Once assembled, allow your child to use the same blankets that he used in his crib so he'll feel more secure. He might even want to pick a special stuffed animal or other toy to sleep with as well.
A final option is to get a twin or full sized bed. You can purchase guardrails for the sides to keep her from falling out. Once again, she should be allowed to use the same blankets from her crib. She will also enjoy picking out pretty new sheets for her big, new bed.
A Few Tips
Some parents have had success by setting up the new bed in their child's room a few months before the transition from the crib. Doing this allows your child to sleep in his big bed for naps but still gives him the security of his crib at bedtime. You can also give him the option of which bed he wants to sleep in at bedtime.
Other parents find that the best way to make the change is to take down the crib and put it away. This out of site out of mind method may work well for you as well. However, if your child still doesn't like her new bed after a few nights, allow her to go back to the crib until she is ready. This shouldn't be thought of as a punishment; it simply means that she isn't ready for a big bed yet. As with potty training, it doesn't need to be rushed. Once a child is ready, she'll spend the rest of her life in a grown up bed. A few months will not matter a bit.
Avoid making this transition if there are other major events going on in your child's life. A recent move or the arrival of a new brother or sister is stressful enough. Allow your child to deal with one stress at a time.
Make sure that you don't forget your child's normal bedtime routine. A bath, pajamas and a bedtime story will ease your child into bedtime. Children tend to respond well to routine and it may take some of the stress out of getting a new bed.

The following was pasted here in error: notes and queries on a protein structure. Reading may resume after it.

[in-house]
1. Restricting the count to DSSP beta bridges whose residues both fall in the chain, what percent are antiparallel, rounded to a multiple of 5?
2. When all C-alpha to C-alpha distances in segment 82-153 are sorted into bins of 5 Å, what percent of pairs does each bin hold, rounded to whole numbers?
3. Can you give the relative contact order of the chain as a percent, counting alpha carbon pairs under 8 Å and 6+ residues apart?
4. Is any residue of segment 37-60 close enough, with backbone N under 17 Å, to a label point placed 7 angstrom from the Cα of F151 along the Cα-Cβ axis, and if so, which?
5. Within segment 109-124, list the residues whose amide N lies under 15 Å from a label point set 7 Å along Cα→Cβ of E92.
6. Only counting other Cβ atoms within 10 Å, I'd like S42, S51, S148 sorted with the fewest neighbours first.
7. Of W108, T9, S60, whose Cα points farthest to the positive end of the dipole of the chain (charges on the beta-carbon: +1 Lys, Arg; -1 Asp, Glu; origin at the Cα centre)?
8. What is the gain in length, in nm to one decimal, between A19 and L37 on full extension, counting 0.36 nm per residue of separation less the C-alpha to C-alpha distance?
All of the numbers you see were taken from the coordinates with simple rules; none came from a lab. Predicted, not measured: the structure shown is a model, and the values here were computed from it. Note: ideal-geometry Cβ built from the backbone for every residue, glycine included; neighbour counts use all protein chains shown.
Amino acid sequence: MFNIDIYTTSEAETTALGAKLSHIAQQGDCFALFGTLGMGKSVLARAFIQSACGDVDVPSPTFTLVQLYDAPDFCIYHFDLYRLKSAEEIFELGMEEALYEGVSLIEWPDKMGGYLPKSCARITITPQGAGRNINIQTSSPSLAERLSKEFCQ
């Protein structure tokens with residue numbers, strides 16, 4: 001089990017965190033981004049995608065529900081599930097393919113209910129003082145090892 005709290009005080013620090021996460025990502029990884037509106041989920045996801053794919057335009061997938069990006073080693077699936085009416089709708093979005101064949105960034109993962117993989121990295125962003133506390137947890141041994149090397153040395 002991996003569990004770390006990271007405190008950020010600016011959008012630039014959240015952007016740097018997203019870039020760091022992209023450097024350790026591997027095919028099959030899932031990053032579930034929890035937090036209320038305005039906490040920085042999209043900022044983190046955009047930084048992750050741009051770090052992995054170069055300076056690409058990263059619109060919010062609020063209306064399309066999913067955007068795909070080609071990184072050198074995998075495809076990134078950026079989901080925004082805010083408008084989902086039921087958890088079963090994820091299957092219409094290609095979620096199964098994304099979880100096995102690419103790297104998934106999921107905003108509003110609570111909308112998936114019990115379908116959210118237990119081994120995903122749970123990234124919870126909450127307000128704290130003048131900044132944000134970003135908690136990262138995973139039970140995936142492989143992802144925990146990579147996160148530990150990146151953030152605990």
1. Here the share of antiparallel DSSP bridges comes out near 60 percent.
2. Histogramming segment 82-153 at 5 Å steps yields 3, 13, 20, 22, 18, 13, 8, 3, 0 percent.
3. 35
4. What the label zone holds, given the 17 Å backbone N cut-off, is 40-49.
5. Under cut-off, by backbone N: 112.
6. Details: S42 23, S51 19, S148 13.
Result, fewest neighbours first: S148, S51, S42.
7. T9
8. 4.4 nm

If your child takes advantage of his new found freedom to roam the house as you sleep, he may not be ready to be in a toddler bed just yet. He may also be having nightmares and can finally run to his parents' room for reassurance. This is something he may have had trouble doing when he slept in his crib.
Lovingly but firmly take your child back to his bed. Tuck him in and tell him it is time to go to bed. Some parents solve this issue by putting a baby gate across the doorway of their child's room. Others simply close the door. Either way, this too shall pass.
Just remember, as your child grows up she needs your guidance and reassurance. Even small achievements are big milestones to a very young child. Celebrate each accomplishment together and she will grow up with confidence.Kathleen Roberts is a freelance writer and editor as well as the mother of five children. She writes about pregnancy, parenting, gardening and natural living. Kathleen enjoys spending as much time as she can in the outdoors with her family in the Florida Keys where she enjoys scuba diving, bicycling and anything else that will allow her to interact with nature.